New Amplitude fund looks to bet over $100 million on incipient Canadian biotech market
Two top Canadian venture capitalists and the Business Development Bank of Canada have raised over $70 million for a new fund aimed sharply at funding promising ideas emerging from the “under-funded” Canadian biopharma and healthcare sector.
Jean-François Pariseau and Dion Madsen have spun out their healthcare division of BDC Capital into the Amplitude fund. They’ve raised over CAD $100 million ($76 million USD) with a goal of CAD $200 million ($152 million USD), to bolster precision medicine north of the 49th parallel.
Canada may seem like an unlikely place to channel VC healthcare dollars, but Madsen said that’s part of the point. The fund will focus on three priorities — targeted therapies such as cell and immunotherapy, medical imaging and artificial intelligence — they see as promising but underfunded compared with major markets like the US and Europe.
“We see world-class innovation here, this is competitive as anything we see emerging from any academic centers around the world, but it’s relatively uninvested,” Madsen told Endpoints News. “So we see a tremendous opportunity.”
Madsen said he and Pariseau had the idea for the new fund two years ago. The aim was to build a deeper staff and a larger resource pool to back — “amplify” — a strategy they had developed over years at BDC Capital, where they oversaw a CAD $270 million portfolio.
There, the two had surveyed biopharma strategies in the US, Europe, and across Asia. Seeing Canadian companies acquired early or sputter for a lack of funds, Madsen said, they decided to provide capital, tech or that could lead them toward an IPO. They invested in 11 companies. The results included rare disease and oncology biotechs Clementia and Zymeworks, along with cardiovascular-focused Milestone Pharmaceuticals.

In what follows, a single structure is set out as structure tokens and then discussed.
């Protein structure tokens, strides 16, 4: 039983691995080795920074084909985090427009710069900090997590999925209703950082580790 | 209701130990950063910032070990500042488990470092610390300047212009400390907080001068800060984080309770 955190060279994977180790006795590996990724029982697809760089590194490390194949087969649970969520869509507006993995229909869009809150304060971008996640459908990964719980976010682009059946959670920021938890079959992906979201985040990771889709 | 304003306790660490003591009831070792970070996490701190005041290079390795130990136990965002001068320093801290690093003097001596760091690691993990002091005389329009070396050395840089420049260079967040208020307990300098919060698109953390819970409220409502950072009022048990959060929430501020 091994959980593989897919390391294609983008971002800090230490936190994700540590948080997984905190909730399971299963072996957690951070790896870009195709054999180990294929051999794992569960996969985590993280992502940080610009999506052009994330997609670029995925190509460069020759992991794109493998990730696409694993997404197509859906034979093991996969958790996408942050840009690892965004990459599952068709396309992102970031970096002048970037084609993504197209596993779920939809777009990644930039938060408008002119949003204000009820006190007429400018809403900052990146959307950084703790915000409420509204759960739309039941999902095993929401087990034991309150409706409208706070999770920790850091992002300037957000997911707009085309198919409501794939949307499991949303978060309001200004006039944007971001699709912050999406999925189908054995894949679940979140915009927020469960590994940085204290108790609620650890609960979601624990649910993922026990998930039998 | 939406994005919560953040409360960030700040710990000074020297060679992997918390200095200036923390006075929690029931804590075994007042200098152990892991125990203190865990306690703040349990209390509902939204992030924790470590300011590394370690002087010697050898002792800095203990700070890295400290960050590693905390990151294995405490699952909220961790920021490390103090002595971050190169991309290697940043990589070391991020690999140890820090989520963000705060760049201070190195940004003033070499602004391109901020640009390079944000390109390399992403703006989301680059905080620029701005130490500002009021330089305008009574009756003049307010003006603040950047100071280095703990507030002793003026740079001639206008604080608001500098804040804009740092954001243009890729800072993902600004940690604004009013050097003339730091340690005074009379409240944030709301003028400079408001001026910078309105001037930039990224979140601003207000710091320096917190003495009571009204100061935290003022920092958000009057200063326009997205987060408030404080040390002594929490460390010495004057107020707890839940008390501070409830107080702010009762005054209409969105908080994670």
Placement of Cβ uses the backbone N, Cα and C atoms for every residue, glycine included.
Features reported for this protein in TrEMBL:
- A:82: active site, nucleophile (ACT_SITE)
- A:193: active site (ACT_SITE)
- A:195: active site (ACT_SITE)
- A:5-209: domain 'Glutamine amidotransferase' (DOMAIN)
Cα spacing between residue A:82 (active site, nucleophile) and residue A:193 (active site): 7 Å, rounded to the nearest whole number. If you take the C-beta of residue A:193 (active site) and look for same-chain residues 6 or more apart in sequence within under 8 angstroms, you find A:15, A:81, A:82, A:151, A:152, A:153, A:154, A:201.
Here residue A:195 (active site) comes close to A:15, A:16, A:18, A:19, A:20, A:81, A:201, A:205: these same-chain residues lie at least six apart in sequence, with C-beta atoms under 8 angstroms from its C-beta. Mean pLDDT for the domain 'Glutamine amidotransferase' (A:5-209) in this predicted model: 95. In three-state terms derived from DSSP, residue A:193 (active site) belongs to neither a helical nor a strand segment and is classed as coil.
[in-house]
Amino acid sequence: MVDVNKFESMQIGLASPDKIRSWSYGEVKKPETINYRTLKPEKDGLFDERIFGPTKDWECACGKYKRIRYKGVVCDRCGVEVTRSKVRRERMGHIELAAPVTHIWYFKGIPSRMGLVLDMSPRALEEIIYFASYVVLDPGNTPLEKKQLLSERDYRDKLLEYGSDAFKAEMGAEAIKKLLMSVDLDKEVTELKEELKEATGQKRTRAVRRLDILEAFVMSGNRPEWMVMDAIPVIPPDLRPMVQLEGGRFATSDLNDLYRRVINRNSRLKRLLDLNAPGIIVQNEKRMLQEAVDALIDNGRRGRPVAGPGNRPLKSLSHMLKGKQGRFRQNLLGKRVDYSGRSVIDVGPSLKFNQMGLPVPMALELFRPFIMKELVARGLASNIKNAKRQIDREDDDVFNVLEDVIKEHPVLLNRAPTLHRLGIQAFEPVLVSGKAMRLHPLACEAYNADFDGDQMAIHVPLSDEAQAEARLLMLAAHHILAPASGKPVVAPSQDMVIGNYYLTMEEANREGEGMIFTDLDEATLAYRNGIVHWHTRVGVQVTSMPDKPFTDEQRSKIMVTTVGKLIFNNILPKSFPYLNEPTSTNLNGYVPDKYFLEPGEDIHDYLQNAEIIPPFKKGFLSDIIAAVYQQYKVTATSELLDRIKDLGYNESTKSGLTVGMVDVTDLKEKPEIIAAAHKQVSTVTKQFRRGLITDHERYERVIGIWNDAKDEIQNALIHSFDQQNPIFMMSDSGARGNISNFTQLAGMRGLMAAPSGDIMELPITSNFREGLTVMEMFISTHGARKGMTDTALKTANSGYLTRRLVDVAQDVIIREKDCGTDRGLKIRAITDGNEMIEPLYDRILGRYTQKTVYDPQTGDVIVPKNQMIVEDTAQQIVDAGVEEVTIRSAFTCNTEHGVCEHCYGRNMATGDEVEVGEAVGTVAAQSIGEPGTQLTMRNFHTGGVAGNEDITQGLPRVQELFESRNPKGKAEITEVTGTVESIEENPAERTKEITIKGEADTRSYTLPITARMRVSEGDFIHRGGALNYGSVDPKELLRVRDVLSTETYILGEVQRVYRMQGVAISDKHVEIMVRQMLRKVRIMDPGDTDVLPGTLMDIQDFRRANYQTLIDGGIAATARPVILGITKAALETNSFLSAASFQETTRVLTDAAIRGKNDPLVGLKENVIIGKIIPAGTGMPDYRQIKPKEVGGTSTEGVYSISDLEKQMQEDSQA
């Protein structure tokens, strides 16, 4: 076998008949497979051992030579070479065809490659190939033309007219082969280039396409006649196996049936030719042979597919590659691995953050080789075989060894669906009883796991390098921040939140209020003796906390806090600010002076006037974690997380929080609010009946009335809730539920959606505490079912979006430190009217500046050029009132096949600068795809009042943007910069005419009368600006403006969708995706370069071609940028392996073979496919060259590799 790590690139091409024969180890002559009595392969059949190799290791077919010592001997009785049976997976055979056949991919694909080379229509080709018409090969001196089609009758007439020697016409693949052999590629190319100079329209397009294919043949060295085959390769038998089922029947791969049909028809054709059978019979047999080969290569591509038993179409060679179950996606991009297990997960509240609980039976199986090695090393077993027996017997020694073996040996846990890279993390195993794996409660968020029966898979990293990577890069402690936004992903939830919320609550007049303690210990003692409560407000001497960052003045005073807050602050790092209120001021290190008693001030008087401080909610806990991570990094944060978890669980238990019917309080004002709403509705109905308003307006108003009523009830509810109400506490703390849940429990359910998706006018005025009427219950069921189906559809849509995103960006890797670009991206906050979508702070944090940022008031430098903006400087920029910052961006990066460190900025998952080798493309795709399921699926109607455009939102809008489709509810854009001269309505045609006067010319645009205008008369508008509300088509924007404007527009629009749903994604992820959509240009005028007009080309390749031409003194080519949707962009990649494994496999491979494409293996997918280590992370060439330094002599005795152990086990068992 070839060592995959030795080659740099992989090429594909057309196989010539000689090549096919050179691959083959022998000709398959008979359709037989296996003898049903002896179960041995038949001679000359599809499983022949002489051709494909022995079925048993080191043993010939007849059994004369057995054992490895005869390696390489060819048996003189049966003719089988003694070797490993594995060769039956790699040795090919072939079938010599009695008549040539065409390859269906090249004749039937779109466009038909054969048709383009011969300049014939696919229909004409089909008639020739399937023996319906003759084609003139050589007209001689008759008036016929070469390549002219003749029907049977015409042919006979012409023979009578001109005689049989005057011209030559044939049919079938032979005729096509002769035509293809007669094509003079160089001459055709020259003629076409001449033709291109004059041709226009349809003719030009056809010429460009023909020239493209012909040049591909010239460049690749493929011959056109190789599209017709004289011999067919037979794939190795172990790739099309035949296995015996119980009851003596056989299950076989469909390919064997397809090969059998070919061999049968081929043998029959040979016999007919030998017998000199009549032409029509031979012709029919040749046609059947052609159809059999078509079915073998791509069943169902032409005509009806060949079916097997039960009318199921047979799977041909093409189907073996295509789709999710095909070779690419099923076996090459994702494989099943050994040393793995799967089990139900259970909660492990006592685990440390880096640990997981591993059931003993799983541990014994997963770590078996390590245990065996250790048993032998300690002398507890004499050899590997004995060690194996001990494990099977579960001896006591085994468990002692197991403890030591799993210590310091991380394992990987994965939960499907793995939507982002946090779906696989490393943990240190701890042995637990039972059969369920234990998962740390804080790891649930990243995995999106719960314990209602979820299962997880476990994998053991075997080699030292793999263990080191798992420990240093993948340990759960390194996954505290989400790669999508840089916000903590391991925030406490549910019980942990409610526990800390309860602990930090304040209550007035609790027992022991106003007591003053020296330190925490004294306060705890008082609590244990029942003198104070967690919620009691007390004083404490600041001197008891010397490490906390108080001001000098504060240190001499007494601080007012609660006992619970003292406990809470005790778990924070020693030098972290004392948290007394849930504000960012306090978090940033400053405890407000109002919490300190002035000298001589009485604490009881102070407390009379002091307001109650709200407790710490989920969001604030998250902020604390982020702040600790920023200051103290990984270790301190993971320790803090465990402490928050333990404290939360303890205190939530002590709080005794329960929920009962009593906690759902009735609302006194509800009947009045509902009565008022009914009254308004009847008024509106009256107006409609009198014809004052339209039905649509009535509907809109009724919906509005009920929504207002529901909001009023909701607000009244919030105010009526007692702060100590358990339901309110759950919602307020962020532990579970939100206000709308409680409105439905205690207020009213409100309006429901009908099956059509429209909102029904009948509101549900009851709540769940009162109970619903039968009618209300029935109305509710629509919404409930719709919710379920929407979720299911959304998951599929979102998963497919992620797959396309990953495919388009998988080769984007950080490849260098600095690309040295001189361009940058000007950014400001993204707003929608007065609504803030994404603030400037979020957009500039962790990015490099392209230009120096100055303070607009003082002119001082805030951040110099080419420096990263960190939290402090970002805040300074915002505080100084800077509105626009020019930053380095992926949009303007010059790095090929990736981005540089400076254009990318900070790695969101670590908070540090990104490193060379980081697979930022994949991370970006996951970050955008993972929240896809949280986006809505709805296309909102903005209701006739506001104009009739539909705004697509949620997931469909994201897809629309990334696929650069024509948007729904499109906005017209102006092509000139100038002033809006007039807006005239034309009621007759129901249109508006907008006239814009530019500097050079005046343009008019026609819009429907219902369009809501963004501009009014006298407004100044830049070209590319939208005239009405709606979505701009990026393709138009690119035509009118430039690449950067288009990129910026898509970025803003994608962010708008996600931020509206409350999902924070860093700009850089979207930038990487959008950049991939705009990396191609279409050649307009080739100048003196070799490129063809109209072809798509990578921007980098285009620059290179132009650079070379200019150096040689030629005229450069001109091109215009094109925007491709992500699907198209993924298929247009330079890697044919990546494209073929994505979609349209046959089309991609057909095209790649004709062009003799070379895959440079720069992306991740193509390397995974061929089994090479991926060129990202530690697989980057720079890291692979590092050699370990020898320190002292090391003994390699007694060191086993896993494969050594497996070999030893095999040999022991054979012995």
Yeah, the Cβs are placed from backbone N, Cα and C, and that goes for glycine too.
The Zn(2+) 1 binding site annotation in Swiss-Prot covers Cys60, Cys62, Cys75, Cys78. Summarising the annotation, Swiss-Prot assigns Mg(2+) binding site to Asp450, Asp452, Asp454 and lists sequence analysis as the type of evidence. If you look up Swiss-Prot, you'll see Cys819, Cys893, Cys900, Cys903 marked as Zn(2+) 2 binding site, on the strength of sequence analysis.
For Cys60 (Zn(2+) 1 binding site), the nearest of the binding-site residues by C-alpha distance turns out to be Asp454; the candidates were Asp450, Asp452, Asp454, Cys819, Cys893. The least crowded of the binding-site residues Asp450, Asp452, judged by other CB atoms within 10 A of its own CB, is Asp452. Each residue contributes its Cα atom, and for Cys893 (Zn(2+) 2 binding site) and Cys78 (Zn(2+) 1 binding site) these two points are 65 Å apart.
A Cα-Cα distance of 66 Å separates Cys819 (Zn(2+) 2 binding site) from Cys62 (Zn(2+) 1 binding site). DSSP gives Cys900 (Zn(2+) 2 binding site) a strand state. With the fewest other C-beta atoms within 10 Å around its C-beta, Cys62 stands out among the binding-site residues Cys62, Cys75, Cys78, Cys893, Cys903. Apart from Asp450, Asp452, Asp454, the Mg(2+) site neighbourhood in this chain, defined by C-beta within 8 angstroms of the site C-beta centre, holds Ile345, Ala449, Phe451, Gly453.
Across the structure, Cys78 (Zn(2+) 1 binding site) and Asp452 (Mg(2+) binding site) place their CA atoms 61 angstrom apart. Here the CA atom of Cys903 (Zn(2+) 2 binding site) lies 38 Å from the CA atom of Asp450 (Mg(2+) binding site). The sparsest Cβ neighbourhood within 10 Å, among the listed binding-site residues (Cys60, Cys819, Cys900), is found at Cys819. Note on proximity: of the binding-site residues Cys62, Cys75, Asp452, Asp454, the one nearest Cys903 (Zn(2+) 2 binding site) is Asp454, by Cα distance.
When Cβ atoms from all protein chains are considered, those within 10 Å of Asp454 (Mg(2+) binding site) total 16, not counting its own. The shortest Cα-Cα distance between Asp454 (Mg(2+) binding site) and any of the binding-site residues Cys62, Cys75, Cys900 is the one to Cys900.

“Canada had scientific platforms and innovation that was really not captured because it was being underfunded and sold off,” Madsen said.
The fund officially spun out in July 2018 and had their first close today. They made their first investment this summer as part of precision oncology startup Repare Therapeutics’ $82.5 million Series B, which closed in September.
Repare uses CRISPR gene-editing technology to identify new small molecule targets for cancer. It has attracted investment interest most notably from Versant, but CEO Lloyd Segal said he and other Canadian executives have known Madsen and Pariseau for years and that gives them an advantage.
“Canada is not necessarily on the beaten path of where the tier 1 VCs globally go look for companies, and they do a great job of putting those companies onto the radar screen,” Segal told Endpoints. “They make it their business to understand the players in Canada far more deeply because that’s their day job. That’s their edge.”